The imagery takes on a more surreal tinge in The Future's "Closing Time." As fiddles saw away behind him with a rollicking, claustrophobic dissonance, Cohen serves up a hallucinatory slice of life from some purgatorial roadhouse where a Carnival for lost souls is in full swing: "All the women tear their blouses off/ the men they dance on the polka-dots/ and it's partner found and partner lost/ and it's hell to pay when the fiddler stops... I raise my glass to the Awful Truth/ which you can't reveal to the Ears of Youth/ except to say it isn't worth a dime/ And the whole damn place goes crazy twice/ and it's once for the Devil and once for Christ..." In the background, a female chorus chants "Closing time" like a band of taunting angels.
Then, in the midst of all this decadence and darkness, Cohen ignites a light of hope with "Democracy." Set to a martial beat and tinged with his characteristic deadpan irony --"It's coming from the silence/ on the dock of the bay/ from the brave, the bold, the battered heart of Chevrolet"-- the song is a prophetic testament to the coming of a political millennium the likes of which Cohen has seldom dared to envision: "It's coming to America first,/ the cradle of the best and of the worst/ It's here they got the range/ and the machinery for change/ and it's here they got the spiritual thirst."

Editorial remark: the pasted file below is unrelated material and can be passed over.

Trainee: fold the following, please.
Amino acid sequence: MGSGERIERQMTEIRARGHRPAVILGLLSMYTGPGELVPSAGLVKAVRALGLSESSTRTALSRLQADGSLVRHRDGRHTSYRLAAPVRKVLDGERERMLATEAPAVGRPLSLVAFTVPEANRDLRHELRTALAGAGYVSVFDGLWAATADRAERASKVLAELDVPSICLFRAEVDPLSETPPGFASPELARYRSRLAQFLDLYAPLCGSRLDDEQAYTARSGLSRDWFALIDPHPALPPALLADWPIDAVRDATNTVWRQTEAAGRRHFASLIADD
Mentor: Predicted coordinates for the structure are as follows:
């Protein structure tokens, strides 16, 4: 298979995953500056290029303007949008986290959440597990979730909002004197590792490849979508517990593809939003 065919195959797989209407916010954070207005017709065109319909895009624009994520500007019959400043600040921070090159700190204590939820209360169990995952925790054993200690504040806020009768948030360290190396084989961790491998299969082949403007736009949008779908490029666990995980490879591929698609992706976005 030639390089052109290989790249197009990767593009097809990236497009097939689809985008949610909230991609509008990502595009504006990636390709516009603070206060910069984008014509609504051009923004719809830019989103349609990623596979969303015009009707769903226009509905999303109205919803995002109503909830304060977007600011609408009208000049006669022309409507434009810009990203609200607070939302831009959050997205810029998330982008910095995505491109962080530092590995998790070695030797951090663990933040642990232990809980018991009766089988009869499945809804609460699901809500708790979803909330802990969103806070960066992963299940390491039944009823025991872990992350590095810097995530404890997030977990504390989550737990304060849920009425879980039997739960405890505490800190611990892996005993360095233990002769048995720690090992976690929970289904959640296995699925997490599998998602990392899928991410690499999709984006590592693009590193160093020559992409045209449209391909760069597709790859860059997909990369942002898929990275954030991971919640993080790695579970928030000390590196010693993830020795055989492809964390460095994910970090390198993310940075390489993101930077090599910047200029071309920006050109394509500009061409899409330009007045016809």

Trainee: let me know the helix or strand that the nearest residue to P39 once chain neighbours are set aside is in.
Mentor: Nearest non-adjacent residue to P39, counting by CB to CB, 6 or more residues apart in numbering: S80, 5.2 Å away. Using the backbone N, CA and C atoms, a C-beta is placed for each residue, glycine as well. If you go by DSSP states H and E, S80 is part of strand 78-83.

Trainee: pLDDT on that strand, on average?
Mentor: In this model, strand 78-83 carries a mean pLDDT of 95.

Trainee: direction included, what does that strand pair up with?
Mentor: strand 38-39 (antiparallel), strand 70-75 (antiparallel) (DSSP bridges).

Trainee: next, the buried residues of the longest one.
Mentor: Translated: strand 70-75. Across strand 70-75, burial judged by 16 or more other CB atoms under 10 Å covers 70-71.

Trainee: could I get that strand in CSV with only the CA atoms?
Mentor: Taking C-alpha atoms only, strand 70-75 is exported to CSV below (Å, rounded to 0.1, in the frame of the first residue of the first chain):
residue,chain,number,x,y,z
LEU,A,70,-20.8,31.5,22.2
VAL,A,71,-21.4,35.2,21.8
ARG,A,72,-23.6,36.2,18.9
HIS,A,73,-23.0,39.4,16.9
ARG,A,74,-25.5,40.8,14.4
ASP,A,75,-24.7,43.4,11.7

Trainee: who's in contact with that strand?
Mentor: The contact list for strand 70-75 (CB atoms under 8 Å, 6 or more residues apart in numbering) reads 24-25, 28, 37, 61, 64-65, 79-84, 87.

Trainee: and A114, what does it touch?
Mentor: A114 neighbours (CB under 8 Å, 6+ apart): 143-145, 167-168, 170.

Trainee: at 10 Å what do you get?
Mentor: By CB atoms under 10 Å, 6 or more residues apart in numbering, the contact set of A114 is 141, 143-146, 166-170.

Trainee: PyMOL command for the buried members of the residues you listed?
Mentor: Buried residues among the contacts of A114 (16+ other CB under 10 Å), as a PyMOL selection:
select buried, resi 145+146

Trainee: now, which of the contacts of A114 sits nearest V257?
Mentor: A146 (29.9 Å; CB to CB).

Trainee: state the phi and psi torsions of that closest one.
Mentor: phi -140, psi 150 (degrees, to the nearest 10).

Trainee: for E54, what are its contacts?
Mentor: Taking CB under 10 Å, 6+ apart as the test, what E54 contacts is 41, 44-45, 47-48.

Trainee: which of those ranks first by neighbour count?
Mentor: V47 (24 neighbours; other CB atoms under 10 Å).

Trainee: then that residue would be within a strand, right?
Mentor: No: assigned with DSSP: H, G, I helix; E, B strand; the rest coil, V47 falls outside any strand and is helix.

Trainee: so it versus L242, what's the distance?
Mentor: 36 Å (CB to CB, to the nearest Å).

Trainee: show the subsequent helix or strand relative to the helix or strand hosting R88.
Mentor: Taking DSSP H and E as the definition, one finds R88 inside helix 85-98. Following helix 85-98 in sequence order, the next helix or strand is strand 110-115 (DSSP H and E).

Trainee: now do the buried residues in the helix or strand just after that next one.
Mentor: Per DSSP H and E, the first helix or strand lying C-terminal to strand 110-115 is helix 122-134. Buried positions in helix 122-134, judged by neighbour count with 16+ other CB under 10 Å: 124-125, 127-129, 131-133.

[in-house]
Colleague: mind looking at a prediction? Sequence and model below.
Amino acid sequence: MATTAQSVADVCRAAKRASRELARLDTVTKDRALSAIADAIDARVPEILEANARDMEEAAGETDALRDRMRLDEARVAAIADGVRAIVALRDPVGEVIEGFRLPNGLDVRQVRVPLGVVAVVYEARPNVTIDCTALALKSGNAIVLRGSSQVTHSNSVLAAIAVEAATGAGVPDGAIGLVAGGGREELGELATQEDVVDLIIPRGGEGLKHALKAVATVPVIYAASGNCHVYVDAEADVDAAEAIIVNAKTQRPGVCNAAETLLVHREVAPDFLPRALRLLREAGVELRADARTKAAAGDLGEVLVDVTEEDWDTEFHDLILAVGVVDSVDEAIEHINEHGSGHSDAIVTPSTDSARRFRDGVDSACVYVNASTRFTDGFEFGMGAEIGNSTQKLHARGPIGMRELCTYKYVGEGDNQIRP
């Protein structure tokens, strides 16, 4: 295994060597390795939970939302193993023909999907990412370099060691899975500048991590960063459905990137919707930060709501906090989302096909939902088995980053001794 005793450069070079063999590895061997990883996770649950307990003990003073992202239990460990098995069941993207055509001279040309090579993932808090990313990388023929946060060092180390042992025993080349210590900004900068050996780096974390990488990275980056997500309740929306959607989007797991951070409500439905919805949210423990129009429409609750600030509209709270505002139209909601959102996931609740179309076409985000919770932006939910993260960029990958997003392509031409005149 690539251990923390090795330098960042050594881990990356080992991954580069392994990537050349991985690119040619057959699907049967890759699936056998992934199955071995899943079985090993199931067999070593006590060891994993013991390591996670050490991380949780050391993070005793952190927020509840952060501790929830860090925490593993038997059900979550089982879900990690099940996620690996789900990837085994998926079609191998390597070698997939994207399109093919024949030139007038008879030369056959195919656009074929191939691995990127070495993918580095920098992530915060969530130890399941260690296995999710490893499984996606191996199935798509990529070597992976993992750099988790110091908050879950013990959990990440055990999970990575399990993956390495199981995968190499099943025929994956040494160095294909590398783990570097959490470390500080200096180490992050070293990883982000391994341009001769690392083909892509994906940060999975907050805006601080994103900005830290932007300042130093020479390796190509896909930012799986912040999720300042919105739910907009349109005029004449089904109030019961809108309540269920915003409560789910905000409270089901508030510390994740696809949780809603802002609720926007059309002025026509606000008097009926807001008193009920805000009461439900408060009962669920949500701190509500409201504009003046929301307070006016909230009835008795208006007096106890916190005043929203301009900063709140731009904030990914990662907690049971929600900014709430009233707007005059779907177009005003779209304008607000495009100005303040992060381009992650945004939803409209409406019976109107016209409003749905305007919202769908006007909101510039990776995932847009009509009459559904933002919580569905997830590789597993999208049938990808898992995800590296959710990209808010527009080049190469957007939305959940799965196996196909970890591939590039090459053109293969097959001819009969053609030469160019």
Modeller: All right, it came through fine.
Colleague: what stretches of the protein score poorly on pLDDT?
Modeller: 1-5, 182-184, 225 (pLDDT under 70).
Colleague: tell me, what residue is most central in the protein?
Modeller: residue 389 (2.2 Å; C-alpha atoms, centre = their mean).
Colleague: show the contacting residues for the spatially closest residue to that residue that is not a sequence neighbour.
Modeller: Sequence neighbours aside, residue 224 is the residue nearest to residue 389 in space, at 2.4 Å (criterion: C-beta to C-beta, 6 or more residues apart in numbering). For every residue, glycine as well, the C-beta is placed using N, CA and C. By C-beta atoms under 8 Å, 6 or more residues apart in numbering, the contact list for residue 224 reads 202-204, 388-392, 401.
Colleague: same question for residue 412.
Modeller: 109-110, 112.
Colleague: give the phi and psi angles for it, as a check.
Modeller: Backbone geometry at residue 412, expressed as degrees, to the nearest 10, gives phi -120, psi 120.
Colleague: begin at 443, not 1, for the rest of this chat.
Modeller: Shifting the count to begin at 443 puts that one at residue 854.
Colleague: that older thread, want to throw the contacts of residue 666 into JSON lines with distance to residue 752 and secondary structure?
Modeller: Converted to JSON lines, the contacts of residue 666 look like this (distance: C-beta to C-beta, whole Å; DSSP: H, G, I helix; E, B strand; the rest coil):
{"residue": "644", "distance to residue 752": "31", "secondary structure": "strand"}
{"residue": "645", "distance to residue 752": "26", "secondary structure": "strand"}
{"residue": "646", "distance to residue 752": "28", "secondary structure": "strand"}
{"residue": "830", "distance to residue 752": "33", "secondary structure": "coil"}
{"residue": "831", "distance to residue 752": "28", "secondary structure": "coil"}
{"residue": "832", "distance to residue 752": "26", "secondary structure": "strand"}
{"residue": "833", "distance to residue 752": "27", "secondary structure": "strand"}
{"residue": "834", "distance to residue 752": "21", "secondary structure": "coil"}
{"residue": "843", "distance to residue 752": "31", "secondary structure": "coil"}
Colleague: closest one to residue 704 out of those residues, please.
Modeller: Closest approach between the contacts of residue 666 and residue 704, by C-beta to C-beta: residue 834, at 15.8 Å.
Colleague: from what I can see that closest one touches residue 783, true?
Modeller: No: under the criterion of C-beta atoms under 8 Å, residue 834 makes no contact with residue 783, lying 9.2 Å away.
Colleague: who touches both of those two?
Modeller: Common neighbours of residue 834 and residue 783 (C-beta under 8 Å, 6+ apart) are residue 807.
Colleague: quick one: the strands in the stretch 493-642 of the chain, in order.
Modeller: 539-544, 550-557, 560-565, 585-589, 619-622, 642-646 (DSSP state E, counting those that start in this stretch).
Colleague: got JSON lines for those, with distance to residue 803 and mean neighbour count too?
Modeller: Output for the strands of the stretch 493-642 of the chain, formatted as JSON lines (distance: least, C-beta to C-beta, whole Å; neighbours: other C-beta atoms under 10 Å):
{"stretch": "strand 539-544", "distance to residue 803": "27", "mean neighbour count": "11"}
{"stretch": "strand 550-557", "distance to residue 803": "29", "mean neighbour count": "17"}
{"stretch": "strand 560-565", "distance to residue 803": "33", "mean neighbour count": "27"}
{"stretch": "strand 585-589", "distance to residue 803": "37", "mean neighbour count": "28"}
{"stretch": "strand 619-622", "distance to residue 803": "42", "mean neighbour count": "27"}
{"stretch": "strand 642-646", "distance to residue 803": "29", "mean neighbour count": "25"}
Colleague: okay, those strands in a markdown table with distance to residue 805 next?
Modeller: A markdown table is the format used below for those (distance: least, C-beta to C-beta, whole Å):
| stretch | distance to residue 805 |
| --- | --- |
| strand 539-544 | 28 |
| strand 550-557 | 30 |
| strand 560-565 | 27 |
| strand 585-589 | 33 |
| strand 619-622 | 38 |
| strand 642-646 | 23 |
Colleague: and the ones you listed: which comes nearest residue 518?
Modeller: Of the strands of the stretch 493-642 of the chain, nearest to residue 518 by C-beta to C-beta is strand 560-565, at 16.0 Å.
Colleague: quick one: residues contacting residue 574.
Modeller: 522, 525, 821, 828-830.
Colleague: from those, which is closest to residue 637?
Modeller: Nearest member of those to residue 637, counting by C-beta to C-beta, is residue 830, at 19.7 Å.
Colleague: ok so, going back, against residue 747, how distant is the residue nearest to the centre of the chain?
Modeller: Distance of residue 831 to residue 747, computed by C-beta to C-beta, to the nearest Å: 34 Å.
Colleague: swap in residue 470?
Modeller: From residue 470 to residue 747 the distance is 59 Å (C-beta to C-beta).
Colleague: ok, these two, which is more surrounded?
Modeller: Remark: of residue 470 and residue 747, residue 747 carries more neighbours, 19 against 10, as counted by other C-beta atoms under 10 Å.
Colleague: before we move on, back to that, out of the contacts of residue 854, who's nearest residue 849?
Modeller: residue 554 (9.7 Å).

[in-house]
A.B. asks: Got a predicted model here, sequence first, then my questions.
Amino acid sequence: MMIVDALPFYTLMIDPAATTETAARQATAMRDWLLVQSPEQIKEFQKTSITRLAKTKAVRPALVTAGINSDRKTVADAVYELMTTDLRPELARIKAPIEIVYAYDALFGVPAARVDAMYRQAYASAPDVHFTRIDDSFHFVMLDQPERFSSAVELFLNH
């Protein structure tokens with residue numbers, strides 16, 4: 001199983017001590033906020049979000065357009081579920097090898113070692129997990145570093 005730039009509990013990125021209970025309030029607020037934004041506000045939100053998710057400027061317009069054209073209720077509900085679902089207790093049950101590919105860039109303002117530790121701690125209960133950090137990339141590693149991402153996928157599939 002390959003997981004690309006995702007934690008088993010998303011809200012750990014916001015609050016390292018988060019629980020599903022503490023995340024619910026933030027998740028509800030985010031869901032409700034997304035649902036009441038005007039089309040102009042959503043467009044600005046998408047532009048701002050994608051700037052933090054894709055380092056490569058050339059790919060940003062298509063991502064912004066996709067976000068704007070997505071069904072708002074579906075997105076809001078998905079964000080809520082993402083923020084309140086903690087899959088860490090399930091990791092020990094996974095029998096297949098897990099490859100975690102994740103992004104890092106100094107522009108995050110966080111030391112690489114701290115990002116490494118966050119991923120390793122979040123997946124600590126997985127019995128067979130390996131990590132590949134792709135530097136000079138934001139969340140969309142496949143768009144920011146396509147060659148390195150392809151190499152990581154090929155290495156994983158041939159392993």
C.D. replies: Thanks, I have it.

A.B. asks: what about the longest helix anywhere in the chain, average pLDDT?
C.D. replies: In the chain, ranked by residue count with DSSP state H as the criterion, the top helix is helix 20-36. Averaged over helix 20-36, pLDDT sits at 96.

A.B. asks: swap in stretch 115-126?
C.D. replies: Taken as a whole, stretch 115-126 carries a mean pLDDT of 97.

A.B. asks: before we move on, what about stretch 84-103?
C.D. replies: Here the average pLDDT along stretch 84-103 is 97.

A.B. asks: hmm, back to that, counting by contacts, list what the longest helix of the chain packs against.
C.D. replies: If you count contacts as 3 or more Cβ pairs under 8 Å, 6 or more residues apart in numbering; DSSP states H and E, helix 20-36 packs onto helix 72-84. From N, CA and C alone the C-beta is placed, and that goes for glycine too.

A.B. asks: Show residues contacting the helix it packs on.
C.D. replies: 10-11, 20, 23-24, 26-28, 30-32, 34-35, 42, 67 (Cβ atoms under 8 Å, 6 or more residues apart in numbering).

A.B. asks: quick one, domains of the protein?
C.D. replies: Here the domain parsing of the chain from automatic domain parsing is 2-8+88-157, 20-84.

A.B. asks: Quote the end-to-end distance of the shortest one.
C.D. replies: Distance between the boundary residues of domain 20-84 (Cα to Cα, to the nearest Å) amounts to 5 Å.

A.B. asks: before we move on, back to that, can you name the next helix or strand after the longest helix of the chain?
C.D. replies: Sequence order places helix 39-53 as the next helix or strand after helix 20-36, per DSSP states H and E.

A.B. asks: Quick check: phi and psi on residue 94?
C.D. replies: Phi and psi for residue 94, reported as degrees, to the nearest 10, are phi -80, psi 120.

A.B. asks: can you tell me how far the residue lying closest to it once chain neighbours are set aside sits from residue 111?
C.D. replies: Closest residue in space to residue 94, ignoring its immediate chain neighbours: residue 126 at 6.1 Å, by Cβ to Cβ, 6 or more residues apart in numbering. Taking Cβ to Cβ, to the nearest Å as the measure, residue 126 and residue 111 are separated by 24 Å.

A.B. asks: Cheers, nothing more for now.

Cohen seems to have reconsidered his earlier doubts about the healing potential of social change, as well as reconsidering his longstanding faith in the transforming power of visionary contemplation (in "The Traitor" he declared that "The dreamers ride against the men of action/ Oh see the men of action falling back"). This time around he's adamant that dreaming and believing aren't enough. "Democracy is coming to the U.S.A.," he assures us, but first "the heart has got to open/ in a fundamental way... It's coming from the women and the men".